Archaeological discoveries in western Idaho indicate that humans were in that part of the US nearly 16,500 years ago – more than a thousand years earlier than previously thought.
The findings expand the timing of human settlement in the Americas to a period predating the appearance of an ice-free corridor linking Siberia and North America, researchers say, and support the notion that the first Americans landed upon the shores of the Pacific coast.
Researchers from Oregon State University have unearthed stone tools and other artefacts from the Cooper’s Ferry site on the Salmon River, a tributary of the Columbia River.
“Early peoples moving south along the Pacific coast would have encountered the Columbia River as the first place below the glaciers where they could easily walk and paddle into North America,” says Loren Davis, lead author of a paper in the journal Science.
Davis and colleagues are working two dig areas and have uncovered several hundred artefacts, as well as evidence of a fire hearth, a food processing station and other pits created as part of domestic activities at the site.
They recently had a number of animal bone fragments radiocarbon dated at Oxford University in the UK, and the results show many artefacts from the lowest layers are associated with dates in the range of 15,000 to 16,000 years old.
“Prior to getting these radiocarbon ages, the oldest things we’d found dated mostly in the 13,000-year range, and the earliest evidence of people in the Americas had been dated to just before 14,000 years old in a handful of other sites,” Davis says.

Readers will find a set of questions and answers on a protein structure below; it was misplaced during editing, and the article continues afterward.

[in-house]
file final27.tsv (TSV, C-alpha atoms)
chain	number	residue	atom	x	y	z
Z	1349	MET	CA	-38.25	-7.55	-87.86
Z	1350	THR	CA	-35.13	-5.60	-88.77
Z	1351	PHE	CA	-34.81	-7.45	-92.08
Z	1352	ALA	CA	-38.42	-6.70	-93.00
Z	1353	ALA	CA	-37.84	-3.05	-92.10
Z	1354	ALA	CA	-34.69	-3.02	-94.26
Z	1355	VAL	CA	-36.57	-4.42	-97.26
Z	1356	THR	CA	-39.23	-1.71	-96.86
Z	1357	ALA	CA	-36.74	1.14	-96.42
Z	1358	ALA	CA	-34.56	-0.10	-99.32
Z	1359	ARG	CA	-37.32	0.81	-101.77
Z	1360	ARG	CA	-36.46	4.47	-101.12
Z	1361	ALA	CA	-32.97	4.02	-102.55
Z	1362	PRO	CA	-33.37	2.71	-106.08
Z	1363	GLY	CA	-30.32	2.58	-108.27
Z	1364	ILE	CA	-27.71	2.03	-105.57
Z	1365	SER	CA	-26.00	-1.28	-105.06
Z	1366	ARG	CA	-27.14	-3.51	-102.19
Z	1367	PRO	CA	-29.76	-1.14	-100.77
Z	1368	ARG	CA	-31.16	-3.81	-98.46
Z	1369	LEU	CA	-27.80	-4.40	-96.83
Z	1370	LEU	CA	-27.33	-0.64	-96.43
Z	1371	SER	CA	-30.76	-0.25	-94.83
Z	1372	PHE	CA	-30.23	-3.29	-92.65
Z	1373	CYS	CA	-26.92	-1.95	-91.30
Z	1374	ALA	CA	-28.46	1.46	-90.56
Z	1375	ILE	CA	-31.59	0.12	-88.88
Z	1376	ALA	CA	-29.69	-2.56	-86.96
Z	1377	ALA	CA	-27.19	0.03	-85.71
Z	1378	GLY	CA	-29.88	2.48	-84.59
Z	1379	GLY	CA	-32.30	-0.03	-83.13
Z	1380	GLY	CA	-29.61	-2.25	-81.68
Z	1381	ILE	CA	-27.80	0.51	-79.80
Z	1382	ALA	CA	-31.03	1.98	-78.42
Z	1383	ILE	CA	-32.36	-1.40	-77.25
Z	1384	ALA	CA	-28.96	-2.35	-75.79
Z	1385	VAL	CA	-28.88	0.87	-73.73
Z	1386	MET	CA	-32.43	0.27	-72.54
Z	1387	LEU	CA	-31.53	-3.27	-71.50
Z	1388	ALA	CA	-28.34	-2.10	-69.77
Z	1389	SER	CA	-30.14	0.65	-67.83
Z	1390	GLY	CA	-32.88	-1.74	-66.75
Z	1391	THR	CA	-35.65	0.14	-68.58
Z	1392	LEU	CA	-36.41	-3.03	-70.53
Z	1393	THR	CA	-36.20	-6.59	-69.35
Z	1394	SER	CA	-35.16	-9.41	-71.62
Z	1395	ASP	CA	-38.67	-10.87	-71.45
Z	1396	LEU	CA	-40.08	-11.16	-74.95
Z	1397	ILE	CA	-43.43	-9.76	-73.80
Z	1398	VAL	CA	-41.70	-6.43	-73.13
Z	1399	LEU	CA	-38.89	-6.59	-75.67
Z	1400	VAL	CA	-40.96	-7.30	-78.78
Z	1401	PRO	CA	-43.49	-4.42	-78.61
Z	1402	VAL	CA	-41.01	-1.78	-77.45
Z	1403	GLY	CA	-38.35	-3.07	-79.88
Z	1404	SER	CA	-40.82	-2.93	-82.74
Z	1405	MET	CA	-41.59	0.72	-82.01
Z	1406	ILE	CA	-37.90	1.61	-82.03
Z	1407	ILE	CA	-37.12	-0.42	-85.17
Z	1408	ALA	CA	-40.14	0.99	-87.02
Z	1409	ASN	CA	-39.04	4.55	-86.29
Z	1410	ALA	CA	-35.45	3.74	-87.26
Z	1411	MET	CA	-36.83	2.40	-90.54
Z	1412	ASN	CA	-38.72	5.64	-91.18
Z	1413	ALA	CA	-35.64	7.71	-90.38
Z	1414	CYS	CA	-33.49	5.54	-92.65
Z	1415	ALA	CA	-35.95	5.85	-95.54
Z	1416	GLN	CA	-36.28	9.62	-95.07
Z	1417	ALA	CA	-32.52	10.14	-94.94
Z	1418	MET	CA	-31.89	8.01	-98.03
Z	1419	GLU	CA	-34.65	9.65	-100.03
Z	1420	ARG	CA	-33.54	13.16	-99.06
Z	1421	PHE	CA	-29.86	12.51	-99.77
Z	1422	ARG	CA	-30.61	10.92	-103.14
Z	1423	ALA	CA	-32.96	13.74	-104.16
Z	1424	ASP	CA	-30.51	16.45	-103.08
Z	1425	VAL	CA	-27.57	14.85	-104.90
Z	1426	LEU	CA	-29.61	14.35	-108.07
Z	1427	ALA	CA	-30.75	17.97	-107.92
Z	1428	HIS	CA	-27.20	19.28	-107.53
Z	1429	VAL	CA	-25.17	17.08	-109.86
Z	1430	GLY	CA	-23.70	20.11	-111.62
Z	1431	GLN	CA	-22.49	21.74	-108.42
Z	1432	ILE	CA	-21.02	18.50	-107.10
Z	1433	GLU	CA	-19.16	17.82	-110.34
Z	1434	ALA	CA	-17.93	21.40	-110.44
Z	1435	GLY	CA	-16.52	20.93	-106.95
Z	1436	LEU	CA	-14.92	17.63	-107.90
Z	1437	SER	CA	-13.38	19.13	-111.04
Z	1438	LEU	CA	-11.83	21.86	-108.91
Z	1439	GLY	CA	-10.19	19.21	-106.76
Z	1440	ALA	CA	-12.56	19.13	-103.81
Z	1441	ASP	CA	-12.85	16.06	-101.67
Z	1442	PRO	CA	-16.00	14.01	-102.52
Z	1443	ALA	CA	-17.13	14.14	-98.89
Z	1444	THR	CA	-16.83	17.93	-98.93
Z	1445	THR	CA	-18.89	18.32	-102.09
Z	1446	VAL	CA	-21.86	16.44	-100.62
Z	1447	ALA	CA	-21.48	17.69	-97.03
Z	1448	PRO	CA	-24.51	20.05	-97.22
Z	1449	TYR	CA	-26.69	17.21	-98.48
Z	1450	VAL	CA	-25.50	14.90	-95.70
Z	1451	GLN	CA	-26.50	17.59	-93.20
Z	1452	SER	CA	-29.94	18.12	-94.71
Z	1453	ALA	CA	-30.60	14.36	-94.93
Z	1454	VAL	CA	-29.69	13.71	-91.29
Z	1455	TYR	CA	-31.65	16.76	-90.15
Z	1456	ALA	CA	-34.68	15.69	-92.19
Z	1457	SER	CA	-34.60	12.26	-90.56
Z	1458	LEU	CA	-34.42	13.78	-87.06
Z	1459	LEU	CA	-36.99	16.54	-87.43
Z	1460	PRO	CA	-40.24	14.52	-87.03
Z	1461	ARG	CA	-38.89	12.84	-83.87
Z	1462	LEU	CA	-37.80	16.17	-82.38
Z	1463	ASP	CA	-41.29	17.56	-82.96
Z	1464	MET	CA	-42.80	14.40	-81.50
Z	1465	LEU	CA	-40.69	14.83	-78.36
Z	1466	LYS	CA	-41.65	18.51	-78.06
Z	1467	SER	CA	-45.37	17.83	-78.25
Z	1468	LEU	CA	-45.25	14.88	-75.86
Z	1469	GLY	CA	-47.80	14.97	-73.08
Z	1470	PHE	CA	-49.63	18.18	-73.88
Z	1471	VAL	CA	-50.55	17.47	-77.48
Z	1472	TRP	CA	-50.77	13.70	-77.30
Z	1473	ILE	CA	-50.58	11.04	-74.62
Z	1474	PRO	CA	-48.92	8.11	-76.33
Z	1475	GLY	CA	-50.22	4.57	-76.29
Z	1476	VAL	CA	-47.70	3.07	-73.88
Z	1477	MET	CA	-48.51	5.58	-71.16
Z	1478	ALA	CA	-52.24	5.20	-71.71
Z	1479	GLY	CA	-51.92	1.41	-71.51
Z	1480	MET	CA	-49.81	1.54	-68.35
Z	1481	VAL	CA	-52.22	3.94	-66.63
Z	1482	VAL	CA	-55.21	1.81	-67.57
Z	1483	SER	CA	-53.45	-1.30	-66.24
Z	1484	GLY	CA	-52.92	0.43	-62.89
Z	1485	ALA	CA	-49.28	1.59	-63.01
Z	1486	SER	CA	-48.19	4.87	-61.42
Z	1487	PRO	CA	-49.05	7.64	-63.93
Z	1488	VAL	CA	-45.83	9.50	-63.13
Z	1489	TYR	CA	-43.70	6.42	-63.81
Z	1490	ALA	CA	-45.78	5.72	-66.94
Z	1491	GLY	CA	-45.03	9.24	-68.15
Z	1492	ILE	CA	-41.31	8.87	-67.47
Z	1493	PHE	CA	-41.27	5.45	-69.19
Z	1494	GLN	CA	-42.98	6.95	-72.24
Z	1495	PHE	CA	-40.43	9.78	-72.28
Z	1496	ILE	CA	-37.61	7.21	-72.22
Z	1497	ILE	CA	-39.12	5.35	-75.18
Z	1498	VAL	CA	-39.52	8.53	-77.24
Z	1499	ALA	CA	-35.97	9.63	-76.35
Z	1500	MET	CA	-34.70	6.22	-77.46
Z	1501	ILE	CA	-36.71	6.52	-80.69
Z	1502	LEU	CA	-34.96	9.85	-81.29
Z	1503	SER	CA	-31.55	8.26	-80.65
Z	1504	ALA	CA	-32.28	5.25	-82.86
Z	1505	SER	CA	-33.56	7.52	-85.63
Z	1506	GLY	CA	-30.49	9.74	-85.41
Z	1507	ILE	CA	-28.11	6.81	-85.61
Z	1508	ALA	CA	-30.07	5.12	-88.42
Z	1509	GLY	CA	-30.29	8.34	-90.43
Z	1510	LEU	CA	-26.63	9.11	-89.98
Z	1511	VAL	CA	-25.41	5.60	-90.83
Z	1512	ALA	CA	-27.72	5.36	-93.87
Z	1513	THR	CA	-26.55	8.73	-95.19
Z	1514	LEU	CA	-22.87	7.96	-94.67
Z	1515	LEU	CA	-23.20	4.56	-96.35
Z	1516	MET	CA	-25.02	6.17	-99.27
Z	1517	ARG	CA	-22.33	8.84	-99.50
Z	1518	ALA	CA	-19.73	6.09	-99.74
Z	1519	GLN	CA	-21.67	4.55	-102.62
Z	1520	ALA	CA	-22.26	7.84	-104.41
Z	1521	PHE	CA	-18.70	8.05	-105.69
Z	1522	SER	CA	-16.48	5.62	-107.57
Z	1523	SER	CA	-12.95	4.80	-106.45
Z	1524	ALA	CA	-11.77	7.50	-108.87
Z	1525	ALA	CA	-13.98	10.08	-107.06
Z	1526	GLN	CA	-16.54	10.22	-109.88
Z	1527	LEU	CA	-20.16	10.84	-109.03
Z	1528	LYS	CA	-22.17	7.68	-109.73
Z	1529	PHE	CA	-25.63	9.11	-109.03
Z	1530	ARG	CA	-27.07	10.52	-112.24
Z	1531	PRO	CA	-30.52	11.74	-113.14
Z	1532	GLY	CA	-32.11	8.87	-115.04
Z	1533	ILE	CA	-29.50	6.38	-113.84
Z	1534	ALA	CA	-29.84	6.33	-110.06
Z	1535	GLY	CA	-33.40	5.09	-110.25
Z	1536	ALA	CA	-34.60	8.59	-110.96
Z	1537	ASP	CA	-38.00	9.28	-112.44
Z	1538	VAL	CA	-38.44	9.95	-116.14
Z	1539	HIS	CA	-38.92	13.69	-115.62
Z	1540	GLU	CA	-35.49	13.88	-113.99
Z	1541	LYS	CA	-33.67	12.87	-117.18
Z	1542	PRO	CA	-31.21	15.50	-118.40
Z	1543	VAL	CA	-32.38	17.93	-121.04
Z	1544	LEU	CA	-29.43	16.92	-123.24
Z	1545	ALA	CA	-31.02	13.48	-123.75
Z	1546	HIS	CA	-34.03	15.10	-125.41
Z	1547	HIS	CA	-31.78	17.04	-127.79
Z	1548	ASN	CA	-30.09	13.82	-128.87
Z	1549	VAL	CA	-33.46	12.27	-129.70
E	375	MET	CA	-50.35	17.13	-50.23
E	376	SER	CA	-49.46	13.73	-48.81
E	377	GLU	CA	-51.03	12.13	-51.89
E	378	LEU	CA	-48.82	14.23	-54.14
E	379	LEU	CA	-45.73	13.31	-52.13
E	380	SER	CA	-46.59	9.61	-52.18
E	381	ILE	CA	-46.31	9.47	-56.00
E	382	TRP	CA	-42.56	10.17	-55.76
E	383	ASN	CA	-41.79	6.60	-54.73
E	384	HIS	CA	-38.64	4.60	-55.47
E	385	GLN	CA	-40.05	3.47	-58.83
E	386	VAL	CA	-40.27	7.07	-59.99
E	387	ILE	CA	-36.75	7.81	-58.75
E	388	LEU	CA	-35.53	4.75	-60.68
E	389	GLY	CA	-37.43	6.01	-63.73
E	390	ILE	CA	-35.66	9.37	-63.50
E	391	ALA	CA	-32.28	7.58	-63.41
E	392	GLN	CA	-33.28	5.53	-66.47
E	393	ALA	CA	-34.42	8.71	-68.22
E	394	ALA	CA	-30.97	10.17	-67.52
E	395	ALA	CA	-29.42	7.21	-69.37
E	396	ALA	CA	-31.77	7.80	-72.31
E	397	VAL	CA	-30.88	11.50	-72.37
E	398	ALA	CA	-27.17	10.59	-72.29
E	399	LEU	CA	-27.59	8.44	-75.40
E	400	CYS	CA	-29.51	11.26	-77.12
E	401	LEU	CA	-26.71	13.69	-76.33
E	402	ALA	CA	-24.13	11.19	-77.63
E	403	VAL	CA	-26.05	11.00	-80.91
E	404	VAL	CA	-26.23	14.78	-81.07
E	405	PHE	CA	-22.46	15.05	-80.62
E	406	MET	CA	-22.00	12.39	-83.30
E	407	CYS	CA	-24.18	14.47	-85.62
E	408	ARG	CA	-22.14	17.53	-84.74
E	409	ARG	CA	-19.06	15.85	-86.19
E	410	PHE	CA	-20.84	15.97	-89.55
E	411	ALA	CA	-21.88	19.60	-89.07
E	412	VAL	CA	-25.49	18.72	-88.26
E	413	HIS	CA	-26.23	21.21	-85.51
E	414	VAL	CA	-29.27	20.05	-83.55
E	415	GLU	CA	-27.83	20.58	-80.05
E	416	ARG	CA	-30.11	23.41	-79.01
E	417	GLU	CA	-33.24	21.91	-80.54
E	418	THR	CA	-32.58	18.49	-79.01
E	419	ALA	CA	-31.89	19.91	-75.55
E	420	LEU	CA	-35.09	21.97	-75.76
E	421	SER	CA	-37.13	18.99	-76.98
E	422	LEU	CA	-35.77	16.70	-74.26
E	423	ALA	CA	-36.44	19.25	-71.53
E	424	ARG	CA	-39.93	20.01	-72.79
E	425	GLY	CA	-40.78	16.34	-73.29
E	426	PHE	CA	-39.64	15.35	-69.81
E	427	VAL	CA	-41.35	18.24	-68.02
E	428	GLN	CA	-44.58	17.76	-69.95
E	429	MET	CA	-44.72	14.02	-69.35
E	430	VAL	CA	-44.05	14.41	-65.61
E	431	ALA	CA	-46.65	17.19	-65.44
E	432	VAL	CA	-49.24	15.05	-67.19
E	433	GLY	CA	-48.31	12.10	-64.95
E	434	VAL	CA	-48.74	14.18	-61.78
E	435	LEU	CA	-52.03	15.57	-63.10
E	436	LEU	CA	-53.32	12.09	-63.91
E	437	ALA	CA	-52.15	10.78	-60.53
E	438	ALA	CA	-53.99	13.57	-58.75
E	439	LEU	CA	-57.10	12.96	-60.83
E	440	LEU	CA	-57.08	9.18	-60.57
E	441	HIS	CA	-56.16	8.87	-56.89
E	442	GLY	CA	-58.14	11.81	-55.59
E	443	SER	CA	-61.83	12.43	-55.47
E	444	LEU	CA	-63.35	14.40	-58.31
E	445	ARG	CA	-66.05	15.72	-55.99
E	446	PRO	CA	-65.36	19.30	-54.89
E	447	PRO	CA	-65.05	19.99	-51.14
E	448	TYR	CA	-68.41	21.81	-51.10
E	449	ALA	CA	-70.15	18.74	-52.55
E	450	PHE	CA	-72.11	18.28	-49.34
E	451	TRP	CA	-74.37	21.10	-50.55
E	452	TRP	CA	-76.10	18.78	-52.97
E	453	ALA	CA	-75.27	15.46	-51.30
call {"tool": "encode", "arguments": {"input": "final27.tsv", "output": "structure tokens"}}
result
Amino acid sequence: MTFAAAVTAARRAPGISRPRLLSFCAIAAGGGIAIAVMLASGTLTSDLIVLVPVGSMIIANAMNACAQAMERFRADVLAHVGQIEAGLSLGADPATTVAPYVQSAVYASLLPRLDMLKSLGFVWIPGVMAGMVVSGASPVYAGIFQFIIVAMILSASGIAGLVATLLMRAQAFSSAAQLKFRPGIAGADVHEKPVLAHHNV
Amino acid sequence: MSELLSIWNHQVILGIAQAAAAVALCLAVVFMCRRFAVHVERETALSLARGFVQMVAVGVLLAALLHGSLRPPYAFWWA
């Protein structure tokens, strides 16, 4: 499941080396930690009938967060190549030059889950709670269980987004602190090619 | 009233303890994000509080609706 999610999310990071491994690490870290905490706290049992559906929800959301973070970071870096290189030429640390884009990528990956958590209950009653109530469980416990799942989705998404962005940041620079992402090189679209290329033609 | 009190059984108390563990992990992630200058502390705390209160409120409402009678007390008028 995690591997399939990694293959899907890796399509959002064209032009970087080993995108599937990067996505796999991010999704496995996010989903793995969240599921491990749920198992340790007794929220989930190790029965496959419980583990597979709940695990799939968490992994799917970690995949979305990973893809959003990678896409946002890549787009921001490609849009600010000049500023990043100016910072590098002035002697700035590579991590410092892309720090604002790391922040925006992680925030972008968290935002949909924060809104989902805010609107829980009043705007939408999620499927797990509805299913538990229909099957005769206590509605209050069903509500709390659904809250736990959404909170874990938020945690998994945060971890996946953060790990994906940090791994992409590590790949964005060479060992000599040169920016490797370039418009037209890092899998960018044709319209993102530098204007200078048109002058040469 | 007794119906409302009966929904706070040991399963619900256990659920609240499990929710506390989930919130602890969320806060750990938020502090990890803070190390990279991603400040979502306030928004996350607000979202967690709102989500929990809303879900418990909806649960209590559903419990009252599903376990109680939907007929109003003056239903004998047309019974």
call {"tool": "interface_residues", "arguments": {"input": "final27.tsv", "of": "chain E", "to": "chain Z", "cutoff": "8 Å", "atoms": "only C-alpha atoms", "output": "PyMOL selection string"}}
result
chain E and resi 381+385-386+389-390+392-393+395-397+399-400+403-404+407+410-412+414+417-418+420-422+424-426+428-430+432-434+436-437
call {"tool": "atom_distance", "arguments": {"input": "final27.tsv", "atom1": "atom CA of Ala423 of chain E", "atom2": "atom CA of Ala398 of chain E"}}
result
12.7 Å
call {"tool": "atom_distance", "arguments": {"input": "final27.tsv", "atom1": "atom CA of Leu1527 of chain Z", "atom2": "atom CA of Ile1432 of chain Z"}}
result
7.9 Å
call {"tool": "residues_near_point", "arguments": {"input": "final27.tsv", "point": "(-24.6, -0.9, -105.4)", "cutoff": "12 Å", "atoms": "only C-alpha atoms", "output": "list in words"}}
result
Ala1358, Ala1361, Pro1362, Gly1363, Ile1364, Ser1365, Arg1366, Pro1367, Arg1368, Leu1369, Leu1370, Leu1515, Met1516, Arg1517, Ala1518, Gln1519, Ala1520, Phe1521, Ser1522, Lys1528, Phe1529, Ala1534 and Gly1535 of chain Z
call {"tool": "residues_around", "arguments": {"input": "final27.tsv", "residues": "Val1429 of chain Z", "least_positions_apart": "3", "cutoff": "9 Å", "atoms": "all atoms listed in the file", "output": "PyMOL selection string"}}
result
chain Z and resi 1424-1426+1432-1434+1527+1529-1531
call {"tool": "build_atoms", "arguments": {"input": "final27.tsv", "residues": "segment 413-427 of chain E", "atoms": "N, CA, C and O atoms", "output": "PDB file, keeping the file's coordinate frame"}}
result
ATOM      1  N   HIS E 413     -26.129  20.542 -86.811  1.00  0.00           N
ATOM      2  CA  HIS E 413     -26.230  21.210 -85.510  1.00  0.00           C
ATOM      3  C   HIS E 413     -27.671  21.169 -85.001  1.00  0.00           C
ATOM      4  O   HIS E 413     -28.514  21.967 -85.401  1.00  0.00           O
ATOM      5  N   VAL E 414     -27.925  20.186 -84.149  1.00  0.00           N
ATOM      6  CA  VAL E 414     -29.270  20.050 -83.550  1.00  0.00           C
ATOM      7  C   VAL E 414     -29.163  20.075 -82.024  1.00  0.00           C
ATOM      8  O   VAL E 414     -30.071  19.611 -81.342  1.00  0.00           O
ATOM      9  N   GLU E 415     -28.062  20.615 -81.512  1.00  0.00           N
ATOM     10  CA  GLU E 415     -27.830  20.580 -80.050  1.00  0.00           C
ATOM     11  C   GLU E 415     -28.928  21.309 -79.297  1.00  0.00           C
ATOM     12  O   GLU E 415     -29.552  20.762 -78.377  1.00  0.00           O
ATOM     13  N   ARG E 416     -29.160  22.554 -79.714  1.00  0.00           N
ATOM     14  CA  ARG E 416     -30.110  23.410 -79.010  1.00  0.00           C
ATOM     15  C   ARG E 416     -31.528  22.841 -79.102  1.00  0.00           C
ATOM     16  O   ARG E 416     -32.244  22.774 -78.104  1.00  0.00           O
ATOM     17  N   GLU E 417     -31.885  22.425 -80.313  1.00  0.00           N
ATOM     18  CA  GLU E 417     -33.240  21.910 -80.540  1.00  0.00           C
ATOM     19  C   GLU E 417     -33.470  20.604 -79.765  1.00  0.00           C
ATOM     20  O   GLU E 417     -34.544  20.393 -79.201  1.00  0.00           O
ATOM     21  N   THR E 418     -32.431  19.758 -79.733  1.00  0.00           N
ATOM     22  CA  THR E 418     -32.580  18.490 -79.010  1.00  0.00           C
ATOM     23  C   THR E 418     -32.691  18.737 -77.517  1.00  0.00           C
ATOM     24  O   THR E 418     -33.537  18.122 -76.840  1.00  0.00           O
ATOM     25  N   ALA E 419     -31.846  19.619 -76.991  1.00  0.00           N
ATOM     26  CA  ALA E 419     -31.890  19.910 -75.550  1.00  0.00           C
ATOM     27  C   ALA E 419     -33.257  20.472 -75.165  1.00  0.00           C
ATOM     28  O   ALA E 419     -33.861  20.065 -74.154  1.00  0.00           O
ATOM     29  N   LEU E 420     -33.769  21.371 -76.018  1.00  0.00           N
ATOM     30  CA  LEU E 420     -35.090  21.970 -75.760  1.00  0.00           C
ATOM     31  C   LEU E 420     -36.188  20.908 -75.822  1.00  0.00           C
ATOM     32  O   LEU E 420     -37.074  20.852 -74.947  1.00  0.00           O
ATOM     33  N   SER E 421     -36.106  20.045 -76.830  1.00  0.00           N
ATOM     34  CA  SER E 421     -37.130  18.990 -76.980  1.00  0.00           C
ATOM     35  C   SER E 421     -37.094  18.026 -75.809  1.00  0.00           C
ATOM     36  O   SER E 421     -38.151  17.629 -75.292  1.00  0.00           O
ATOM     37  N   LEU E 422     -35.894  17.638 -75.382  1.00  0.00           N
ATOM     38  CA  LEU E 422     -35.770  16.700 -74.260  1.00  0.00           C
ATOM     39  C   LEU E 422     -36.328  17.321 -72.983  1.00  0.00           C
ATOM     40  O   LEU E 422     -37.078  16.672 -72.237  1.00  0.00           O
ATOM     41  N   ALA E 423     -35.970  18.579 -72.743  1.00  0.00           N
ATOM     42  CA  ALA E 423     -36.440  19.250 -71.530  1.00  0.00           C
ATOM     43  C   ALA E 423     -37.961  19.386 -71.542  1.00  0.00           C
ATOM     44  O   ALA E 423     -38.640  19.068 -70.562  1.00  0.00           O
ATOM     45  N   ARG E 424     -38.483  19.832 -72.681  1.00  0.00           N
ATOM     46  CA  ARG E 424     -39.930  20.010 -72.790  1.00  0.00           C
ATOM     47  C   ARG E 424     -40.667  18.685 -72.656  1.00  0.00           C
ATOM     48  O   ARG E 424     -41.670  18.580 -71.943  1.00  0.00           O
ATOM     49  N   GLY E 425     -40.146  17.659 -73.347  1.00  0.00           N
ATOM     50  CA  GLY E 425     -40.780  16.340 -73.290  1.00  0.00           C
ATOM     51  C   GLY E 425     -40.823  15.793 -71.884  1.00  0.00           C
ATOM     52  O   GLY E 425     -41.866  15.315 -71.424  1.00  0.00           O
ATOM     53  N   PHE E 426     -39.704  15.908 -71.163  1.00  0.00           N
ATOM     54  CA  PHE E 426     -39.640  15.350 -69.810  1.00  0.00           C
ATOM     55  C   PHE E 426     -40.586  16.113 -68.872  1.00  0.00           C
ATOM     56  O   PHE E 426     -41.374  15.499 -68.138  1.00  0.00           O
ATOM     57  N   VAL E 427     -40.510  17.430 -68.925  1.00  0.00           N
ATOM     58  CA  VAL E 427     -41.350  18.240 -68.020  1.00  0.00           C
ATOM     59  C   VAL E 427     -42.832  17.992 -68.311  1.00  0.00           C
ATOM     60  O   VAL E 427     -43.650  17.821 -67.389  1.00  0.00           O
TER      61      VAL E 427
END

“When I first saw that the lower archaeological layer contained radiocarbon ages older than 14,000 years, I was stunned but sceptical and needed to see those numbers repeated over and over just to be sure they’re right.
“So we ran more radiocarbon dates, and the lower layer consistently dated between 14,000-16,000 years old.”
This challenges the long-held Clovis First theory that people first crossed into North America from Siberia and travelled down through an opening in the ice sheet near the present-day Dakotas.
The ice-free corridor is hypothesised to have opened around 14,800 years ago, Davis says, well after the date of the oldest artefacts found at Cooper’s Ferry.
“Now we have good evidence that people were in Idaho before that corridor opened,” he adds.
The oldest artefacts at Cooper’s Ferry are similar in form to some found in northeastern Asia, so Davis is collaborating with Japanese researchers to do make further comparisons with items from Japan and Russia.
Nick Carne is the editor of Cosmos Online and editorial manager for The Royal Institution of Australia.
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